The Grand Gallery Pictographs – Canyonlands NP, Utah

In the late 1960’s, early 1970’s, I purchased a Sierra Club Ballantine book authored by the brothers, Renny and Terry Russell, titled On the Loose.  It was comprised of their accounts and their photographs from explorations as young men in the wildlands of Utah.  One picture they took and included in the book was of the “Grand Gallery” of ancient Native American pictographs in a small, separate and remote piece of Canyonlands National Park in Utah.  The book captured my imagination and I had every intention of following in their footsteps.  I made several road trips into the southwest before 2004 when I finally set out to find the Grand Gallery.

Departing from a paved highway in central Utah, the dirt and gravel road to the trailhead for the gallery is about 25 miles long.  I made the trip in February.  It was so cold the night before I set out on the day-long hike that my gallon of milk turned into an icy slush overnight.  The trail to the gallery descends from the tableland into the canyon on a very rough “road” dynamited in the 1950’s by uranium prospectors down a sandstone cliff to the canyon below.  The hike takes half a day to the gallery and half a day back.  I had it all to myself.

The pictographs cannot be precisely dated but are estimated to be thousands of years old, made by the Archaic peoples who preceded the Anasazi and more modern Pueblo people.  Here are some photos taken on the way out to the trailhead and on the day of my hike.  [Click on any image to enlarge, All photos copyright symbol Max Vollmer]

The long road out to the trailhead.
Parking at the trailhead.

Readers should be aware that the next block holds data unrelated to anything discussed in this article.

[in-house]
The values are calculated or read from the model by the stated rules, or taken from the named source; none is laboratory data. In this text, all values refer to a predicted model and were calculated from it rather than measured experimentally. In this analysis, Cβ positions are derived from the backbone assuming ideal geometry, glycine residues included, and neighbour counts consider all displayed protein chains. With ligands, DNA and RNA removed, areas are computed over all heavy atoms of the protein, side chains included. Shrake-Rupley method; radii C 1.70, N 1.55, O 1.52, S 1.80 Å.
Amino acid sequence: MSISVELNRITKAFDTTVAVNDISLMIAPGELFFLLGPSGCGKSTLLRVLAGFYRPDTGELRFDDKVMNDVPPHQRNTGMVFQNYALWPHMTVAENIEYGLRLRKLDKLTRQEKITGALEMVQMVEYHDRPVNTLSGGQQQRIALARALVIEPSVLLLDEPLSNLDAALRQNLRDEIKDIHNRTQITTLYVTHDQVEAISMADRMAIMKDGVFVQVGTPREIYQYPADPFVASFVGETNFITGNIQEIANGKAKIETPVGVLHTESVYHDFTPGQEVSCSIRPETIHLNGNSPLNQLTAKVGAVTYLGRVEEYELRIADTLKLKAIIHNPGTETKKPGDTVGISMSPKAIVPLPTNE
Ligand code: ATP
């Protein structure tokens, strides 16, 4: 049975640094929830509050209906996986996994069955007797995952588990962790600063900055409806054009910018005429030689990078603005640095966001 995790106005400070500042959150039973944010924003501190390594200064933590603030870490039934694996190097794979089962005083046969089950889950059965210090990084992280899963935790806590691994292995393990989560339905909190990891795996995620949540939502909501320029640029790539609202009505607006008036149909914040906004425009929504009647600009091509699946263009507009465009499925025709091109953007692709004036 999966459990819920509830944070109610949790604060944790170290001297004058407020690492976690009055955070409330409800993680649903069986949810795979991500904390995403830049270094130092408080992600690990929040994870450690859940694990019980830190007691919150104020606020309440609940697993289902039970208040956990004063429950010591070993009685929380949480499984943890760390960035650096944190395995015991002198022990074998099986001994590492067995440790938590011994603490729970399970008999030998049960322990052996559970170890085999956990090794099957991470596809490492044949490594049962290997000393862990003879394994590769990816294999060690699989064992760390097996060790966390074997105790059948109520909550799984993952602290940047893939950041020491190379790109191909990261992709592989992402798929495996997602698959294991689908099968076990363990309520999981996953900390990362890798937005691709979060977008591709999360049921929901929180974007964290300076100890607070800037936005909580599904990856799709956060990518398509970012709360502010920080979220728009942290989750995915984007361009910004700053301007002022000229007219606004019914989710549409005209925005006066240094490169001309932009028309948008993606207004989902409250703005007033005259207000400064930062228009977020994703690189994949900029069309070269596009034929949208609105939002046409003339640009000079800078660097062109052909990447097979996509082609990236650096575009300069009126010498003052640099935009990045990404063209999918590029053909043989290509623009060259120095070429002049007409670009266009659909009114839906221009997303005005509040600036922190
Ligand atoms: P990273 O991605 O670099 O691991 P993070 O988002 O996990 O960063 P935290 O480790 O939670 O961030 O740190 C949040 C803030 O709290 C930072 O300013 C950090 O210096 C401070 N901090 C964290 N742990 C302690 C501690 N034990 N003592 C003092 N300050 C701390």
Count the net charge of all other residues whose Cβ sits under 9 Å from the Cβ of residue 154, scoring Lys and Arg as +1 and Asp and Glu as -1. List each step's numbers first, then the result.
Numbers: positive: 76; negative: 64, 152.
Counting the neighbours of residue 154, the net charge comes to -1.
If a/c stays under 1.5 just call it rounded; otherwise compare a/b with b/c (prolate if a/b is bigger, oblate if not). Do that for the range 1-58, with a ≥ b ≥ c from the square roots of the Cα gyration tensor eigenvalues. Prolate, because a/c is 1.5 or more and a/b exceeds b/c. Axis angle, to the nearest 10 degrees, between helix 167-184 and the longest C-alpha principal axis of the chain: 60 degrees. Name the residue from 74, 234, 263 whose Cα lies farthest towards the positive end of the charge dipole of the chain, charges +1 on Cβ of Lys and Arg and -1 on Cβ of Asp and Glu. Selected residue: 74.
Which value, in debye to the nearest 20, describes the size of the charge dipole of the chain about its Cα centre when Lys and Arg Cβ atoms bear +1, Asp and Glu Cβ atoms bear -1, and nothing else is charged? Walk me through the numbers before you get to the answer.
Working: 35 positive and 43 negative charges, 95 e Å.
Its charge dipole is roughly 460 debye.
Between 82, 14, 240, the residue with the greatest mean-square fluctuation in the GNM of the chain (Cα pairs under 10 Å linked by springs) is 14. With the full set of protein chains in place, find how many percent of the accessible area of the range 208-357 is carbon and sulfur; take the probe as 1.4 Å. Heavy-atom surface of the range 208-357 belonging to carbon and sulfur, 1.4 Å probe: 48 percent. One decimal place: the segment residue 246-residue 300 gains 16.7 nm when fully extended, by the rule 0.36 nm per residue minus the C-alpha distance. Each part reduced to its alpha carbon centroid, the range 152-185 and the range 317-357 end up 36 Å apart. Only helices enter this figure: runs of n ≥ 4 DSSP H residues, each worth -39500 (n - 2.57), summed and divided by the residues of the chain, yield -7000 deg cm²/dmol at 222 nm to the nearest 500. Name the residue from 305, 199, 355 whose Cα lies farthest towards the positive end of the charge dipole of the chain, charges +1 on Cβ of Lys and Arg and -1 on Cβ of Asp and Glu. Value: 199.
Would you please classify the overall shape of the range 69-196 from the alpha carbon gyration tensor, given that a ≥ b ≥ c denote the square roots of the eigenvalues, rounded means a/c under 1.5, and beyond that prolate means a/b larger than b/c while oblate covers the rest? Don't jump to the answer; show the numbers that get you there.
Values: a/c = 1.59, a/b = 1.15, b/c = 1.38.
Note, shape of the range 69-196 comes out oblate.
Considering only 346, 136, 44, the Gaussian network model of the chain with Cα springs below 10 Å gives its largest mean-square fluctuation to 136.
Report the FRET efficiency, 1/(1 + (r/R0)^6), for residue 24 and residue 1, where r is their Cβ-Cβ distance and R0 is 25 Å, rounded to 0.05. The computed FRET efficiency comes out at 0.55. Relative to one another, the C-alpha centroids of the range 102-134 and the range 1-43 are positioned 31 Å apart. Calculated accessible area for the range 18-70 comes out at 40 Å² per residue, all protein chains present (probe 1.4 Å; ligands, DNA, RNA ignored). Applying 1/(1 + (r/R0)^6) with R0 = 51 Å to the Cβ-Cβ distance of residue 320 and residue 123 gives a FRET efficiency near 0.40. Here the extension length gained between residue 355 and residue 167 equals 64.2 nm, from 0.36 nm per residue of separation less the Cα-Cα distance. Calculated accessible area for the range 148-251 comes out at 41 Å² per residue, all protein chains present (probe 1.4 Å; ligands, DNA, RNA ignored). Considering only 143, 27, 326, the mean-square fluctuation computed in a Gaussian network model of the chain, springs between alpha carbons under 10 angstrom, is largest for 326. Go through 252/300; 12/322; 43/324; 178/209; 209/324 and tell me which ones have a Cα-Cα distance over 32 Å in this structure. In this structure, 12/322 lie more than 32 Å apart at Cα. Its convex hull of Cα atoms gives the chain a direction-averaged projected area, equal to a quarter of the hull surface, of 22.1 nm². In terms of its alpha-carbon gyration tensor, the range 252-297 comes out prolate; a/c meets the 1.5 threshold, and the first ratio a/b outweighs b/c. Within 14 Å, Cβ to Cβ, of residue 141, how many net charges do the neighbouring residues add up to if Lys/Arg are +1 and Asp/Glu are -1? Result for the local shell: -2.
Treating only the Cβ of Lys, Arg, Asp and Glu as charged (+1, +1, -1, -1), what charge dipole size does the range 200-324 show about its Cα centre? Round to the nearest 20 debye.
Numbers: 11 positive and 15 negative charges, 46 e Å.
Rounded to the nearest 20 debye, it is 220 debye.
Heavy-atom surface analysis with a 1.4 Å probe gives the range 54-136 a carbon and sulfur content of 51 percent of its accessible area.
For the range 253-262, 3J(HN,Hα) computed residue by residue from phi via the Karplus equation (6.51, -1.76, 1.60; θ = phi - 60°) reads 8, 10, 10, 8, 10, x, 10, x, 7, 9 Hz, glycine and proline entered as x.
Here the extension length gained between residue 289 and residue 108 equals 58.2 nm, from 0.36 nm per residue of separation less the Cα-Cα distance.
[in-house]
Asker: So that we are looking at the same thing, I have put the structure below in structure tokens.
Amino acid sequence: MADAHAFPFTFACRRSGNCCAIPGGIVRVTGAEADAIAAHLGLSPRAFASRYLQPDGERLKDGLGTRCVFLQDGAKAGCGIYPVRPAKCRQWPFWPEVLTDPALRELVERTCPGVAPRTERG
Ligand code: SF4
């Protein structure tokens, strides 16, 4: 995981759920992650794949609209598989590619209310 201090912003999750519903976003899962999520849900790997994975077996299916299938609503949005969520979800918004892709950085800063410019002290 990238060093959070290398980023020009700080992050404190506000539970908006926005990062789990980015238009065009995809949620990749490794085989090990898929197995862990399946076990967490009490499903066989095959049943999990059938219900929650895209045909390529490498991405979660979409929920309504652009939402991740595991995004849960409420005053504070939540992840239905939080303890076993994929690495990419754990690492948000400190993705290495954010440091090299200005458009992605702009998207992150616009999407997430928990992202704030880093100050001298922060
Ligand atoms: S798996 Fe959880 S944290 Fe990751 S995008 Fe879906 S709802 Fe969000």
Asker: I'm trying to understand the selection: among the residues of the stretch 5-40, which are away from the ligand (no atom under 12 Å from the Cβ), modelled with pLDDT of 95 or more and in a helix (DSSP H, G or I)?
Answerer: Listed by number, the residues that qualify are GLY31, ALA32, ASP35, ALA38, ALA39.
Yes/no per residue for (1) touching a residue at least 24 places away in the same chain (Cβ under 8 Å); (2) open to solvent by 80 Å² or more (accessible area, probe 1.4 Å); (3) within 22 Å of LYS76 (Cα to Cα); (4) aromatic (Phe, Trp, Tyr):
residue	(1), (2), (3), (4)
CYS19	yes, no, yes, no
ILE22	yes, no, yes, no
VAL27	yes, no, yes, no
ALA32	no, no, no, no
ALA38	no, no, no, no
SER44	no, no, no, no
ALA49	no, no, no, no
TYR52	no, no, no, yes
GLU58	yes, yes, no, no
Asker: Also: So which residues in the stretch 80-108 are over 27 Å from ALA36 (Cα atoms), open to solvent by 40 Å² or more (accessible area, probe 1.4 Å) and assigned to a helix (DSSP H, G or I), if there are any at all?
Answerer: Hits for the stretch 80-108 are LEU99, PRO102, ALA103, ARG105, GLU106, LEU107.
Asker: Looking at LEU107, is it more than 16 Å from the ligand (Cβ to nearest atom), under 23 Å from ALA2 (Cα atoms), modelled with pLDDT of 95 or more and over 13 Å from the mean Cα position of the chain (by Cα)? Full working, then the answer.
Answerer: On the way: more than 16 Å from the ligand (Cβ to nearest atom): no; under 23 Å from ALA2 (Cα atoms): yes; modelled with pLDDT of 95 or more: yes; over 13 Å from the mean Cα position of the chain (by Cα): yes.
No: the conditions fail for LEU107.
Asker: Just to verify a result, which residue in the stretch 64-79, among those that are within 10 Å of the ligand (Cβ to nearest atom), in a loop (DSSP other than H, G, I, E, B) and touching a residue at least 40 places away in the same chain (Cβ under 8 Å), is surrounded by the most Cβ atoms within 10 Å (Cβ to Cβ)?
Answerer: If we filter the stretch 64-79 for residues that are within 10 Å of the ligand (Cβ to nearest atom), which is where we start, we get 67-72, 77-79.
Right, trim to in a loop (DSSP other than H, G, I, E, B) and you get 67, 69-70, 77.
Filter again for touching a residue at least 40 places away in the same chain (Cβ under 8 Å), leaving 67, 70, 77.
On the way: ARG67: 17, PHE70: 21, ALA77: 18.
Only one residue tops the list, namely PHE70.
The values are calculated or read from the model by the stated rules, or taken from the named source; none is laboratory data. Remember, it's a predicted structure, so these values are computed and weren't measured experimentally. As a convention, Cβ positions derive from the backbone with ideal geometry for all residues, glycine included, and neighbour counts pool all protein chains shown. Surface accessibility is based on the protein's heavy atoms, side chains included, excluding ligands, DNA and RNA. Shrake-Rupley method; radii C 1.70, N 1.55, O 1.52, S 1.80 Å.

Dinner of beef stew with fresh, steamed broccoli.
Hiking through the canyon.
The Grand Gallery on the cliff face from 100 yards away.
Some of the pictographs, the largest of which is approx. 8 feet tall.
Otherworldly, probably shamanic figures.
Deer, antelope, and buffalo presumably, with a hunter holding his bow and arrow to the right..
Closeup of the deer pictograph.

The largest and strangest anthropomorphic figures are believed to be the work of shamans on their vision quests.  The animal figures are thought to represent the game hunted by a later group of people.  Fortunately, all the pictographs are now too high up on the wall to reach which gives them some protection from vandals.  Erosion over the centuries has lowered the canyon floor.


Malheur County, Owyhee Canyonlands, Oregon – January 2021

I made a mid-Winter trip down to the SE corner of Oregon, in part to find some open space amid the pandemic, but also for my first glimpse of the Owyhee Canyonlands.  This remote area is very sparsely populated by cattle ranchers and some sheep herders.  To give you and idea, one sign I passed read, “Next gas 120 miles.”  I hit a spate of dry weather which was fortunate because the desert soil turns to a slippery and sticky gumbo when wet.  During the day I needed 4WD on the Leslie Gulch-Succor Creek Byway which is mud in winter.   Here are a few photos.   [Click on any image to enlarge, All photos copyright symbol Max Vollmer]

This was just before sunset at my first campsite NW of Burns Junction.  Overnight low was 28 degrees F, enough to freeze the mud which made it easier to break camp in the morning.

This was my setup at Succor Creek State Park alongside the Owyhee River.  Dinner that evening was Beef Stroganoff with egg noodles, sliced red pear with some cheese, and hot coffee.